Lookarounds do not consume characters!
Here's a step by step way to see it (might not be the best, but that's how I interpret it anyway):
First character is
L, the regex engine compares it with
\w+ and agrees that it's a match. Same happens for
At the space, the regex engine sees a space in the regular expression, that's fine as well.
Next up is the opening paren, but what does the regex see? Remember that lookarounds do not consume characters, so that the
(?<=\() is not actually being consumed and
\( does not match what
You might think about the regex actually consuming those characters:
\w+ \w+, but with a condition on the second
\w+, that it must be found between parens. The condition might be satisfied, but the expression itself does not match any parentheses!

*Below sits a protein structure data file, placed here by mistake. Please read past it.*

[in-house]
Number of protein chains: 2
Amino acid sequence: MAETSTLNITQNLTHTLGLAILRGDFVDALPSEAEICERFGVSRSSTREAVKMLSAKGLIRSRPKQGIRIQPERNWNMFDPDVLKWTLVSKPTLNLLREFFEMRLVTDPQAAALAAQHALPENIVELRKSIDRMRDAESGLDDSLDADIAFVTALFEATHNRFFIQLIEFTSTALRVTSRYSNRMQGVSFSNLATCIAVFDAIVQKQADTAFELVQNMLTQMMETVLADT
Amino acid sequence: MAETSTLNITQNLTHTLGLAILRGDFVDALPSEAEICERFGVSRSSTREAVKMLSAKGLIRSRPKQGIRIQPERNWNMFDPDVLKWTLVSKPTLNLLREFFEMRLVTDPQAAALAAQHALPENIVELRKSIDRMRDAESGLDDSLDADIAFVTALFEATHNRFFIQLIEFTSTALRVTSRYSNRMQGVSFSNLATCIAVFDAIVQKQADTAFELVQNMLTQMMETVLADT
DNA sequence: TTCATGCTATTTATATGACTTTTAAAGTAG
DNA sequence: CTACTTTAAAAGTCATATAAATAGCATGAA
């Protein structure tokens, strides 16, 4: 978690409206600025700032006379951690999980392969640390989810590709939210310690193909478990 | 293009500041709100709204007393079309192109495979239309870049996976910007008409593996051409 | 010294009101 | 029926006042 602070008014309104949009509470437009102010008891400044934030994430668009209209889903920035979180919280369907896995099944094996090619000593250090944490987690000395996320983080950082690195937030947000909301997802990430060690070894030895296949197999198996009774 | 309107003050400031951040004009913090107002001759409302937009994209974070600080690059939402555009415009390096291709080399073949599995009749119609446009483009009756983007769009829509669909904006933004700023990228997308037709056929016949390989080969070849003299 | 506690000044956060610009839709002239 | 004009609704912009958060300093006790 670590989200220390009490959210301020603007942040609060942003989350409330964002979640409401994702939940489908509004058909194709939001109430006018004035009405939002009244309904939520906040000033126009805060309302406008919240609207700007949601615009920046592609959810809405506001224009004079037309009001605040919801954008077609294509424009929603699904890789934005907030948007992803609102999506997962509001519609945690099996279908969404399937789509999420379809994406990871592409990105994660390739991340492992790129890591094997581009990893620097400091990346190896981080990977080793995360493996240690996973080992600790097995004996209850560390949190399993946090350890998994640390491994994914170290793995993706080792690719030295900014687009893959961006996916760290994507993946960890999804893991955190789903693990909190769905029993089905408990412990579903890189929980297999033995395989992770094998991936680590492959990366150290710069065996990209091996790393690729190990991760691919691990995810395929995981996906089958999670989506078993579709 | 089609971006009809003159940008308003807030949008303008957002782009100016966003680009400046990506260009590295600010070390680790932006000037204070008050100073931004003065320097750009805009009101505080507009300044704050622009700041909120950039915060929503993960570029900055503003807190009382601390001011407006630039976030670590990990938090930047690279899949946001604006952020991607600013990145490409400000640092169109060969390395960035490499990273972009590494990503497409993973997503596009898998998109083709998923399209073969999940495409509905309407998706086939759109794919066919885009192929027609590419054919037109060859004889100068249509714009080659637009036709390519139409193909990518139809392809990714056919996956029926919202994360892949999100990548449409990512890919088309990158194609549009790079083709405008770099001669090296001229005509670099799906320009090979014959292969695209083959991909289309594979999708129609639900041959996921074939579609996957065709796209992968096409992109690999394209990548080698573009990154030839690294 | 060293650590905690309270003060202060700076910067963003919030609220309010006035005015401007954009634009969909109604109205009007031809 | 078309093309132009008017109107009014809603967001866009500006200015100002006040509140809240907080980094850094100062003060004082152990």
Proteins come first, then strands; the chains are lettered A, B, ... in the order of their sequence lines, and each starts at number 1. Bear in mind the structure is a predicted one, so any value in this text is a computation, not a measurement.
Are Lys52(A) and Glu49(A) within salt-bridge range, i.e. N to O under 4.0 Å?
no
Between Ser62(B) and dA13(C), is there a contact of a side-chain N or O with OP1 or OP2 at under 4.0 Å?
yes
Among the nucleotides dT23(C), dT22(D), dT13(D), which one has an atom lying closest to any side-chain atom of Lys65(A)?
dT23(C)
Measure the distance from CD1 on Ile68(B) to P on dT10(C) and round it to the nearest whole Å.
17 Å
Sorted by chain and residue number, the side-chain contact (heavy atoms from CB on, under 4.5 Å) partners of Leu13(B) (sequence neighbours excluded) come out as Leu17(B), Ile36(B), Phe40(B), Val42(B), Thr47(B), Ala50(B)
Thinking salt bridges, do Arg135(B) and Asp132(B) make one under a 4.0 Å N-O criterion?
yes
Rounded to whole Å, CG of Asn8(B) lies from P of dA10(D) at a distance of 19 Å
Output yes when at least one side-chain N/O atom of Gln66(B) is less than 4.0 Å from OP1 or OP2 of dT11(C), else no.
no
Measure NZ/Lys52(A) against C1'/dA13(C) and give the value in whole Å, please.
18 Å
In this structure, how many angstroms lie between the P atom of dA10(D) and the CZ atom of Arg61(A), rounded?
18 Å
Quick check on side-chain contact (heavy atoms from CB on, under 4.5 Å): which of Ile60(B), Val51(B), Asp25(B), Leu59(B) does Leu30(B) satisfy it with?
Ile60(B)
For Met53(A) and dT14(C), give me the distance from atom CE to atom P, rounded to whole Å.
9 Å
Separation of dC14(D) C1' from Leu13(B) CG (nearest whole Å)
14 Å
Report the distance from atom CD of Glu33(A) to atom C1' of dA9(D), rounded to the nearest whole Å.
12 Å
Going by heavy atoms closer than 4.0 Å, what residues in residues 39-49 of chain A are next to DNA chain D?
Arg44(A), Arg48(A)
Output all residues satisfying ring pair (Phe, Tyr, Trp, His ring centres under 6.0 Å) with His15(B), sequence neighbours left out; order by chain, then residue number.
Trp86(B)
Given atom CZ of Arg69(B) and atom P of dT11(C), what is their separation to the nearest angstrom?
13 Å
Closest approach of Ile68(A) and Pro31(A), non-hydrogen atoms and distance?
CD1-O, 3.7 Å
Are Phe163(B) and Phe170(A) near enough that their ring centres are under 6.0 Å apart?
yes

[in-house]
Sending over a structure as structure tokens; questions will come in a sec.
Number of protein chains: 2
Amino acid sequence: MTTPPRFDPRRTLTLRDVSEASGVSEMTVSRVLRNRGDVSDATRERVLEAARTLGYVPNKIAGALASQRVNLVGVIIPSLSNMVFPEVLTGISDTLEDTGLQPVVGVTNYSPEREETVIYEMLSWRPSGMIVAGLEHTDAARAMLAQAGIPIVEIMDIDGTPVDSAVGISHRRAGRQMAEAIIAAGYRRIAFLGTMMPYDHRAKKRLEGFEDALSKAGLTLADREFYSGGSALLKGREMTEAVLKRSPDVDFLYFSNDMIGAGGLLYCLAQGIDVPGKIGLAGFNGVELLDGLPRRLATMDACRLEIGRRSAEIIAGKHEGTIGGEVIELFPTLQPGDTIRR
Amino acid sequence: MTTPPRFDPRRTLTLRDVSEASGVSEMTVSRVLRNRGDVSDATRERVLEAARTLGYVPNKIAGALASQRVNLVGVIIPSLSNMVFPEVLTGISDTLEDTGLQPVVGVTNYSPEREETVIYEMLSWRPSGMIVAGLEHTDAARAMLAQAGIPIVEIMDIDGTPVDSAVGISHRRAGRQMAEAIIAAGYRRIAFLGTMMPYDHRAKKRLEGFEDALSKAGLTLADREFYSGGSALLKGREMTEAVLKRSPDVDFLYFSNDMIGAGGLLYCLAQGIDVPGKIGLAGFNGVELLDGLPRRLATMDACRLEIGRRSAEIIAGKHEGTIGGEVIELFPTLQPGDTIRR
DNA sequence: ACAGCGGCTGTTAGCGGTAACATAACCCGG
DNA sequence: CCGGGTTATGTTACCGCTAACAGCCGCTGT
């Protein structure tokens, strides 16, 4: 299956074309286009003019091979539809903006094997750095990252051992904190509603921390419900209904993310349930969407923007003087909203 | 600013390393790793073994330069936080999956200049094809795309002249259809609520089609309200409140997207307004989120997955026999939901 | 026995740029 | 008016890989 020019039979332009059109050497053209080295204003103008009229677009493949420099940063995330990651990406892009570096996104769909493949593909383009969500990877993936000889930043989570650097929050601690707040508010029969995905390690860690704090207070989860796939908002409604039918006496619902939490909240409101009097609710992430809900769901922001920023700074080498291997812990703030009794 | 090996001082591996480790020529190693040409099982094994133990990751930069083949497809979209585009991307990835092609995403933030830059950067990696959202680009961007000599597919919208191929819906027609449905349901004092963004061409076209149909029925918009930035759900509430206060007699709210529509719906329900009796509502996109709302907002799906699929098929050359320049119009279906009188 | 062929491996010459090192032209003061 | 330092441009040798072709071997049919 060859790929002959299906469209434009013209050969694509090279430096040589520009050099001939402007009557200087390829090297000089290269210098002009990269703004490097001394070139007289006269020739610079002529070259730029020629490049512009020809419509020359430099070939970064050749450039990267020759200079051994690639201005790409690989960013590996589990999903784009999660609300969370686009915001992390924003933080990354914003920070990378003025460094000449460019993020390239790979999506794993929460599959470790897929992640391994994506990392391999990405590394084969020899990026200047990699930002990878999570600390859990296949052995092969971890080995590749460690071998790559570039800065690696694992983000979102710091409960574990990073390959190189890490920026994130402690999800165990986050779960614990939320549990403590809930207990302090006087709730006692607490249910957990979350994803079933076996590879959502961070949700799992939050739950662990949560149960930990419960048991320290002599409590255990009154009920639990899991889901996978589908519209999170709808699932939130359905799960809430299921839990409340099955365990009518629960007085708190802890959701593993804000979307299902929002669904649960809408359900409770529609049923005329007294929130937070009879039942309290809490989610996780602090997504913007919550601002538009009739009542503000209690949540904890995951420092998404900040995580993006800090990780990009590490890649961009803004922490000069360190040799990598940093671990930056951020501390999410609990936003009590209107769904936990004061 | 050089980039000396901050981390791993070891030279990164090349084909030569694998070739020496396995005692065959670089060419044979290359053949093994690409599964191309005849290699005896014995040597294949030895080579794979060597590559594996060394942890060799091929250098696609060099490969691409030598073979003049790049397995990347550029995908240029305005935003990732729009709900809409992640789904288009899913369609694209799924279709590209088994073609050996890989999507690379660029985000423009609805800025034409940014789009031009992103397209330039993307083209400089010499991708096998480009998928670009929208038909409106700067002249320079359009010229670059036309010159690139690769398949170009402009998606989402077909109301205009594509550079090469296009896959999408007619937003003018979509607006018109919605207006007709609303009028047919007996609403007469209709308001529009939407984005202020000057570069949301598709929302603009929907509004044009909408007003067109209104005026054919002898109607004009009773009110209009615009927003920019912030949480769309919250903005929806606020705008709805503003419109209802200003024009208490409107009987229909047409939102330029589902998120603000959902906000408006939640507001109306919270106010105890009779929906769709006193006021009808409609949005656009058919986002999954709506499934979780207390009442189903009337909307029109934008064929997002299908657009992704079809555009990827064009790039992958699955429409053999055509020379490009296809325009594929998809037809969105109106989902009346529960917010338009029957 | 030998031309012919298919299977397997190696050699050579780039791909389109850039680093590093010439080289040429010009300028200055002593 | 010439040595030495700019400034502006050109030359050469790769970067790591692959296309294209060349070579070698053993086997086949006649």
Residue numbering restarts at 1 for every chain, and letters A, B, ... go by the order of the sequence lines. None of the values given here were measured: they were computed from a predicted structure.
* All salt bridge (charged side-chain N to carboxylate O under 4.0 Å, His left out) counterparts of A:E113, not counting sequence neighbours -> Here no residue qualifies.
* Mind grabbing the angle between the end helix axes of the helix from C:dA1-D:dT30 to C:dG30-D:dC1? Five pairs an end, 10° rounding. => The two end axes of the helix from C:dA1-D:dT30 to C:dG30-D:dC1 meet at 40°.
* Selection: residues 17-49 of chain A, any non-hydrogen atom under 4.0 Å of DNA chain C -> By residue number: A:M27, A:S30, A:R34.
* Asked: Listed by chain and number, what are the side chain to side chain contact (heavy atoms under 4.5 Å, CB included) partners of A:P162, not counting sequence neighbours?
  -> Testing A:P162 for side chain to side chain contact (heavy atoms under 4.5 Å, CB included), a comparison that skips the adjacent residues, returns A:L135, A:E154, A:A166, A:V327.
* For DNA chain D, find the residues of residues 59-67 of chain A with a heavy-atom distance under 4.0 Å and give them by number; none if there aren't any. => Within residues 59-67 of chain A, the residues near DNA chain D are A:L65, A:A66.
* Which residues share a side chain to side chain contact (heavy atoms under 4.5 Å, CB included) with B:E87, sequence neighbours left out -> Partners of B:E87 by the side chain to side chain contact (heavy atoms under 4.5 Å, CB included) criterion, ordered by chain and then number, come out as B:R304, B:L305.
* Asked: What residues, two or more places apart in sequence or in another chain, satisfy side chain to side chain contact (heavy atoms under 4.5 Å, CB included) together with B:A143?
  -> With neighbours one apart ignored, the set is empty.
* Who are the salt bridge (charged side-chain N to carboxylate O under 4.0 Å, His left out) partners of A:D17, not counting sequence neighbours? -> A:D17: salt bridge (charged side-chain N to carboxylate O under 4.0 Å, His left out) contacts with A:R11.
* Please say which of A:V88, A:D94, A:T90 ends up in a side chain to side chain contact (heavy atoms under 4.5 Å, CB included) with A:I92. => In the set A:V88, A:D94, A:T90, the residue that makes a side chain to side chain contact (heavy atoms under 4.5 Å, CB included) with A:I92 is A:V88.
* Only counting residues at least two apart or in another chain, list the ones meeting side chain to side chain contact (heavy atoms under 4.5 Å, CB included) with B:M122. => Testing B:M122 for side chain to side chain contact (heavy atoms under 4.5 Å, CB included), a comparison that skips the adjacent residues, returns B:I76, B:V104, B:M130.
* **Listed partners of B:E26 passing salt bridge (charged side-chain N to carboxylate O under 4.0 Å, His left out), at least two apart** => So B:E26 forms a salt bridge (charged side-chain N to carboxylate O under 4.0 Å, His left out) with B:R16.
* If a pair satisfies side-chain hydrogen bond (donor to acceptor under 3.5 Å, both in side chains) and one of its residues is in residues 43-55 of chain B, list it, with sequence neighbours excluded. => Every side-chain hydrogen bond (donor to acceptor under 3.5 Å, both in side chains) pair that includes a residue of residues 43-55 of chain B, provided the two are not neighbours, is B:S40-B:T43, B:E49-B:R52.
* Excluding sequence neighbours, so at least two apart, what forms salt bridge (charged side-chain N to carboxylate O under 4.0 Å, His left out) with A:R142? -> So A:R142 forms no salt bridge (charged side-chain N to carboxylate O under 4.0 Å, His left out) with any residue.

To make it match, you should add the parens:
After seeing and matching the space, the regex engine sees
(, which agrees with the provided expression, it moves forward.
The engine then sees
T. First, does it match the next character,
\w+? Yes, second, is there an opening paren before it? Yes.
Before moving forward, it sees a positive lookahead. Is there a closing paren just ahead? No, there's
\w+ can still be satisfied, so it matches
e with another
\w. This goes on like this until
t. Is there a closing paren after
t? Yes, thus proceed to next check.
It encounters a closing paren, which is matched by the closing paren in the expression (note that the literal closing paren could be dropped here, and you will be matching
LTE (Test instead).
But with all this, it might be just as good to have dropped the lookarounds:
Because they add more strain on the engine and even though it's not that visible on small scale, it can be significant on a larger string.
Hopefully, it helps, even if it's a little bit!